Our young nurses should know that nursing is a humanitarian profession. If you are not a compassionate person, you cannot be a nurse.

How can government assist the aged in the society?

Government should find something to keep the aged busy and it could be a job of some sort based on experience gathered over the years. Retirees have so much to pass on to the younger persons in various organisations and parastatals but they are not given the opportunity to do so.

When it comes to getting their benefits after retirement, it is hard. I am diabetic but to get money for drugs is difficult. I retired from service in 2009 and I have not received my gratuity. The pension I have been getting, is meagre especially for one who has health challenges. The aged can be trained on crafts work or supported to farm. Farming has kept my family going, we farm to get food.

Do you have any regrets in life?

I do not have any. I am grateful to God for the life he has given me, husband, children and so many things I cannot begin to say. All these and more make it difficult to have regrets because I know where I am coming from.

How did you unwind during your younger days?

It was just about school, cooking, going to neighbouring villages to fetch firewood, the stream to fetch water to fill our drums in the house and every other chore I could lay my hands on. I was not interested in going to parties and listening to music. I only did it at St. Louis College where we were taken to places like Liberty Dam with the Reverend Sister, we would usually take our food along, eat, stay there to play and were later taken back to school. Besides these, I never socialized while I was young.

What makes you happy or fulfilled whenever you look back?

Some nurses I impacted positively on still find time to visit me, and appreciate all I did and this gives me joy. If given the opportunity I would touch more lives than I did in service.

Where were you during the country’s independence in 1960?

I was in Kwala but went for sports in Shendam where I got some gifts which included cash. I knew it was all about being liberated from colonial rule. We were so happy then.

Have your hopes during independence been met?

The country is somehow upside down. It is not as it used to be when the Europeans ruled. It was orderly when they ruled because there were no killings, it was quiet and safe for all. The Europeans did a good job keeping the country peaceful though we were still not allowed to take full charge of our country. The unrest we are presently experiencing as a country is worrisome and sometimes one would have no choice but to imagine what the country would have been if it was during the colonial rule. The killings are on the rise and there is no permanent solution to put an end to it for now.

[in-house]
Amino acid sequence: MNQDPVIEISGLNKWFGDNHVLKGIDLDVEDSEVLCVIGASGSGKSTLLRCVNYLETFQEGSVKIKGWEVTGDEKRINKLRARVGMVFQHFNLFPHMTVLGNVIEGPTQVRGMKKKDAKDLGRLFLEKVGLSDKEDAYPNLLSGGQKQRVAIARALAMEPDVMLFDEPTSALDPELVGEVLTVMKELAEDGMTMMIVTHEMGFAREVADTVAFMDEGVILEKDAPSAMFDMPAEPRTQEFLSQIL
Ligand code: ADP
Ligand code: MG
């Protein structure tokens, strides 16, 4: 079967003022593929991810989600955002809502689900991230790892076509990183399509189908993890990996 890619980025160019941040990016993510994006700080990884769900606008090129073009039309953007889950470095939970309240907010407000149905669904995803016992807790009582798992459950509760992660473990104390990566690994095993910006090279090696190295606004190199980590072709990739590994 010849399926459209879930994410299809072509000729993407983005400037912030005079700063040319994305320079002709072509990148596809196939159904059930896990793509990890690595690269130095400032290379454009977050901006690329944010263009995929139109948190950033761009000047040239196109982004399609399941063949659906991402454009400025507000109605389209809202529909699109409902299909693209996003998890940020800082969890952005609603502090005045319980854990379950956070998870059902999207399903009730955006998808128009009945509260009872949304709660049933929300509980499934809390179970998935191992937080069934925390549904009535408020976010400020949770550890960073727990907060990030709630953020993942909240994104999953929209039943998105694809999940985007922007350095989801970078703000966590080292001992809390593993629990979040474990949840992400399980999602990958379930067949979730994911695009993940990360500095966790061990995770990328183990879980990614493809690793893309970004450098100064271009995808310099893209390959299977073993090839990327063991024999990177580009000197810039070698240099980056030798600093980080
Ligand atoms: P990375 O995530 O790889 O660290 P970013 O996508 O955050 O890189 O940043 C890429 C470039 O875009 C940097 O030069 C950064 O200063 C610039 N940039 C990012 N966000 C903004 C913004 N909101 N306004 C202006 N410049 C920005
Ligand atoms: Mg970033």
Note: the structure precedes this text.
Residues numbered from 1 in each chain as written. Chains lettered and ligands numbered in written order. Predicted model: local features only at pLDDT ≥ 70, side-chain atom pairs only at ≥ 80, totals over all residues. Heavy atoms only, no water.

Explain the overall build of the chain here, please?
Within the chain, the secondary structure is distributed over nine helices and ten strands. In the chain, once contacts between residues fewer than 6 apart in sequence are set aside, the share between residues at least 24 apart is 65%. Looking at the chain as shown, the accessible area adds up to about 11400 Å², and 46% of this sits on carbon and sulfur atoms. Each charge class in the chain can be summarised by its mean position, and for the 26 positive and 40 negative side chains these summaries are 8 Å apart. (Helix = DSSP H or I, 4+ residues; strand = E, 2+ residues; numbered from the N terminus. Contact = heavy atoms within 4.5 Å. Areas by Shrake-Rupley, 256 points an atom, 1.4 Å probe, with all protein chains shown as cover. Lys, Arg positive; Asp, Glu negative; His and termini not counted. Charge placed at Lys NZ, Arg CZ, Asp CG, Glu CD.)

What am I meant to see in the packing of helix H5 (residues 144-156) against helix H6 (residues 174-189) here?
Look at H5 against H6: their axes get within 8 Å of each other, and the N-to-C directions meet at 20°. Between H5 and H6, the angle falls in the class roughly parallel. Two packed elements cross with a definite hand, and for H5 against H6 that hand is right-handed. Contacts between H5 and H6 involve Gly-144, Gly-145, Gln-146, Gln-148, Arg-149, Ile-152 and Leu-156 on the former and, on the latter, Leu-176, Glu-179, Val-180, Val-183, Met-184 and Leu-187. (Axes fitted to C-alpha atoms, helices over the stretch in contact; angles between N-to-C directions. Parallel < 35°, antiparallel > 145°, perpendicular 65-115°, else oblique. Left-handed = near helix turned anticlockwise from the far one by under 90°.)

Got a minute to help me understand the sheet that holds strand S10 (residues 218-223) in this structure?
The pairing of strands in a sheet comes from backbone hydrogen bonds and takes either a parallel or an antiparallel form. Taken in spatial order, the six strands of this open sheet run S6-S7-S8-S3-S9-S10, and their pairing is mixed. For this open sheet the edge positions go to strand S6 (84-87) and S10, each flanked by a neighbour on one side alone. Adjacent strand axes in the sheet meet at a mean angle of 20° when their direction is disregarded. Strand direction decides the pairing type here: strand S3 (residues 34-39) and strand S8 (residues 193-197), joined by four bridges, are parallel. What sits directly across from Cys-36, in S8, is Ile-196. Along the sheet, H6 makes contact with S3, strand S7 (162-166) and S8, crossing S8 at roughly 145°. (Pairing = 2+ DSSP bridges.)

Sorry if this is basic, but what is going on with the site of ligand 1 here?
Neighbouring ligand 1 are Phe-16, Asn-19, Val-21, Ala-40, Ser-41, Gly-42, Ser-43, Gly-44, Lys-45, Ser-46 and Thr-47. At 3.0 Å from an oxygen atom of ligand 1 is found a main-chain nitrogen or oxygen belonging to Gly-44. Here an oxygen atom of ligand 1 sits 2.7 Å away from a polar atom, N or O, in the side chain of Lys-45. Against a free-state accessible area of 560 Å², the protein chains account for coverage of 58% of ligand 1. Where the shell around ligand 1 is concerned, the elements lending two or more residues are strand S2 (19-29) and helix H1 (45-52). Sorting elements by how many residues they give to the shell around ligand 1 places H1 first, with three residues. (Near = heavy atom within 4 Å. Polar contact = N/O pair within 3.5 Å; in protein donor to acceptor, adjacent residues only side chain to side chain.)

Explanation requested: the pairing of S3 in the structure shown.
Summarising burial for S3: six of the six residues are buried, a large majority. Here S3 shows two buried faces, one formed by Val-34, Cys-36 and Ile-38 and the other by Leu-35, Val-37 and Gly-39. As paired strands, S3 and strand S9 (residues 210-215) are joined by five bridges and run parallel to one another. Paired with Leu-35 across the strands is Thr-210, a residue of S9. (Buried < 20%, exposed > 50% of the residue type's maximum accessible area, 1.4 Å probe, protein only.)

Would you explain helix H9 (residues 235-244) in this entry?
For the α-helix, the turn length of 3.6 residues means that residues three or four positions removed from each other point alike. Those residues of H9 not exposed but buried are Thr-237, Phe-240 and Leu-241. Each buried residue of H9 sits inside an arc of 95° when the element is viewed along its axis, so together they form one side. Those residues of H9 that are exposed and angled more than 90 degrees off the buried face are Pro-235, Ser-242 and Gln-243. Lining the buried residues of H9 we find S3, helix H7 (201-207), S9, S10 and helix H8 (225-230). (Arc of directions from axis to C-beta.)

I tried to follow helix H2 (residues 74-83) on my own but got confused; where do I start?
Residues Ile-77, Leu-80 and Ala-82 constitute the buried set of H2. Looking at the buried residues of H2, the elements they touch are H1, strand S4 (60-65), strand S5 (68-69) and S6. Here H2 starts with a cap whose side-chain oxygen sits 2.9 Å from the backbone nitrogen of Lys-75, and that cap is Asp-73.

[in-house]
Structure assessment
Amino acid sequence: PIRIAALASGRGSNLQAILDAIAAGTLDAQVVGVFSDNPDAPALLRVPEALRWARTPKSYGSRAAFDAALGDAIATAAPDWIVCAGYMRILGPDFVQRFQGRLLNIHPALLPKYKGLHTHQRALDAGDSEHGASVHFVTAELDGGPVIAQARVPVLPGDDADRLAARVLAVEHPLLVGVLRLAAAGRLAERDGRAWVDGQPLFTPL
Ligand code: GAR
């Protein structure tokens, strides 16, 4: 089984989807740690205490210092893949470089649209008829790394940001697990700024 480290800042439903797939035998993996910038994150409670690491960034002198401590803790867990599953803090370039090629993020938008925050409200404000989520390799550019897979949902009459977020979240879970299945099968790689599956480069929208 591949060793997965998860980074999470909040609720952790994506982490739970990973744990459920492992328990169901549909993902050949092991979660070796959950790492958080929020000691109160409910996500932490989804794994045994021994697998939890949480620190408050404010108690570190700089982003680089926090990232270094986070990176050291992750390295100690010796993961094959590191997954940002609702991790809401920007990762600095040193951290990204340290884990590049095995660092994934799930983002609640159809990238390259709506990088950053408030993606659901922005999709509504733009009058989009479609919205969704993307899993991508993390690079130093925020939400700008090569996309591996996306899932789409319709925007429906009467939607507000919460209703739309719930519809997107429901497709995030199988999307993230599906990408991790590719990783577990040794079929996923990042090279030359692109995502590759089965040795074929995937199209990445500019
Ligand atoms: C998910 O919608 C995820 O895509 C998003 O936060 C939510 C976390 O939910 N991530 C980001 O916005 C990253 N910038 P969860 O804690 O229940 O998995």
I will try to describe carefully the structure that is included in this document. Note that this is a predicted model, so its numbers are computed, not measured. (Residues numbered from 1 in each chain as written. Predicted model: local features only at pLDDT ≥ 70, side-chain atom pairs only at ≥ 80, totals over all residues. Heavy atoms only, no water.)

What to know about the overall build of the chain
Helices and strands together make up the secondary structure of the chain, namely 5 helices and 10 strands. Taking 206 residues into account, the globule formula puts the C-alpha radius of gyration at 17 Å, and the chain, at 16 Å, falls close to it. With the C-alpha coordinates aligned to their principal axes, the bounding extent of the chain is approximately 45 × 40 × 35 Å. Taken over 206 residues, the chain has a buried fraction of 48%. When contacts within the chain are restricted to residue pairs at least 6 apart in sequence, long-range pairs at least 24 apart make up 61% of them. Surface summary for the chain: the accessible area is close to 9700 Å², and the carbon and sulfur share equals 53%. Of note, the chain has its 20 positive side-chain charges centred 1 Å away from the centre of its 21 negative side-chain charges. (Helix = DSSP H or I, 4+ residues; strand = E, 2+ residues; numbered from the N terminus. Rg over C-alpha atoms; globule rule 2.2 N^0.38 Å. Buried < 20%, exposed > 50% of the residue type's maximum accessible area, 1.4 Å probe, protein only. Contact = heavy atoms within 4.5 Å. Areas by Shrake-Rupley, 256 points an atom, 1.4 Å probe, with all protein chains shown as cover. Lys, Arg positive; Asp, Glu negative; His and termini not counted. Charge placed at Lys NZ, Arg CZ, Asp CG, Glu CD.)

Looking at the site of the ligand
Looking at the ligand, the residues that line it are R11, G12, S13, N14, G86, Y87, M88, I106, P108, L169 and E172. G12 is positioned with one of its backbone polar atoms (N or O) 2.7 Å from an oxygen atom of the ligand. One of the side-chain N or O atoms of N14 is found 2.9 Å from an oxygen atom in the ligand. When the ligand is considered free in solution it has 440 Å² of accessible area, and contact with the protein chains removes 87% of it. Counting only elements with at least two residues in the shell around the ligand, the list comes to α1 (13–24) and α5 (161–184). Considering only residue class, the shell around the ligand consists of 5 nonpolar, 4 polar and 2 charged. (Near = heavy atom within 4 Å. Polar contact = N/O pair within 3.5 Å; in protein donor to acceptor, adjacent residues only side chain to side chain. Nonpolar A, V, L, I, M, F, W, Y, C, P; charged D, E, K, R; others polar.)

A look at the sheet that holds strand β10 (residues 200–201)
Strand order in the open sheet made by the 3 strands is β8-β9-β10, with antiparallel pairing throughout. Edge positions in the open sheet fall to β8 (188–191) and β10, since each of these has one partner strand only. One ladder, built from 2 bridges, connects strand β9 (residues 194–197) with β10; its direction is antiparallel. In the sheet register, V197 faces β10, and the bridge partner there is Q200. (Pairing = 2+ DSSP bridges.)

What year did you get married?

In 1973 and I met him in Doma, Nasarawa State. When we were in Akwanga, his parents were living in Gudi and he used to visit us in my uncle’s house. Whenever I went back to school he wrote letters to me and I did same. We continued with friendship, and sometimes I paid him a visit at Gudi and it continued. One day he made known his intention, I accepted and my dowry was paid by his late Uncle, Ahmadu Angara and it was sent to my uncle. When I got back home, we got married in Doma.

What endeared you to him?

When I was in school, about seven boys from my town were interested in me and they were Muslims but my husband was the only Christian among them and since I was brought up as a Christian, I opted for him. He was a quiet young man and fine looking.

How many children has this union produced?

We had six biological children but lost one to the cold hands of death. Asides that, I have so many children because some grew up in my house and they are treated equally with the children I bore.

What presently occupies your day?

I take care of the house, cook and accompany my husband to the farm. He has a huge farm of oil palm trees. I make oil either locally at home or prepared from the engine on the farm and it is brought home for me to boil, purify and put in containers. Sometimes, I follow them to the farm to harvest and I also involve myself with other petty things within the home. Every morning I go to Church and I engage in attending other activities in the Church, sometimes I visit my children in Jos, Abuja or Makurdi.

Advice for the younger generation?

Anything gotten through cutting corners will not stand the test of time but hard work, diligence and prayers is all that is required to reach the top. We also need creative/innovative minds who are willing to start up a venture no matter how small it maybe to make ends meet instead of waiting on the federal government to employ them. Gone are the days, when undergraduates were assured of two or three jobs even before graduation.

It is quite alarming knowing that marriages these days do not last for one reason or the other, so I would say to the singles, marriage is not something one should go into with the intention of coming out. It is sweet, sour and bitter but with patience from both partners, all these can be conquered but without patience one may not stay to the end. There is no such thing as when one leaves his/her marriage and have another, things will be better. That is not true, one may even find out that the current marriage is worse than the previous. A proverb in my place says whenever one person drinks wine, the other should take kunu so that when one is hot the other is cold. They also need to understand each other and know how to apologise when wrong. Marriage involves two people coming from two different families to meet. No matter the years of dating, sometimes they would find it difficult to move smoothly and this could result to misunderstanding and exchange of words but with patience, understanding and apology they will get along well. I will also advise those ready for marriage, to study and try as much as possible to understand their to-be spouse before taking this journey called marriage.

Your take on domestic violence?

When it gets worse, the parties involved should seek advice from their religious leaders and if there is no improvement, they can go their separate ways to avoid murder as a result of battery. I am yet to understand it, when I hear stories about wife battery, how is someone able to inflict harm on his or her spouse, he or she profess to love and have children with just because of a disagreement?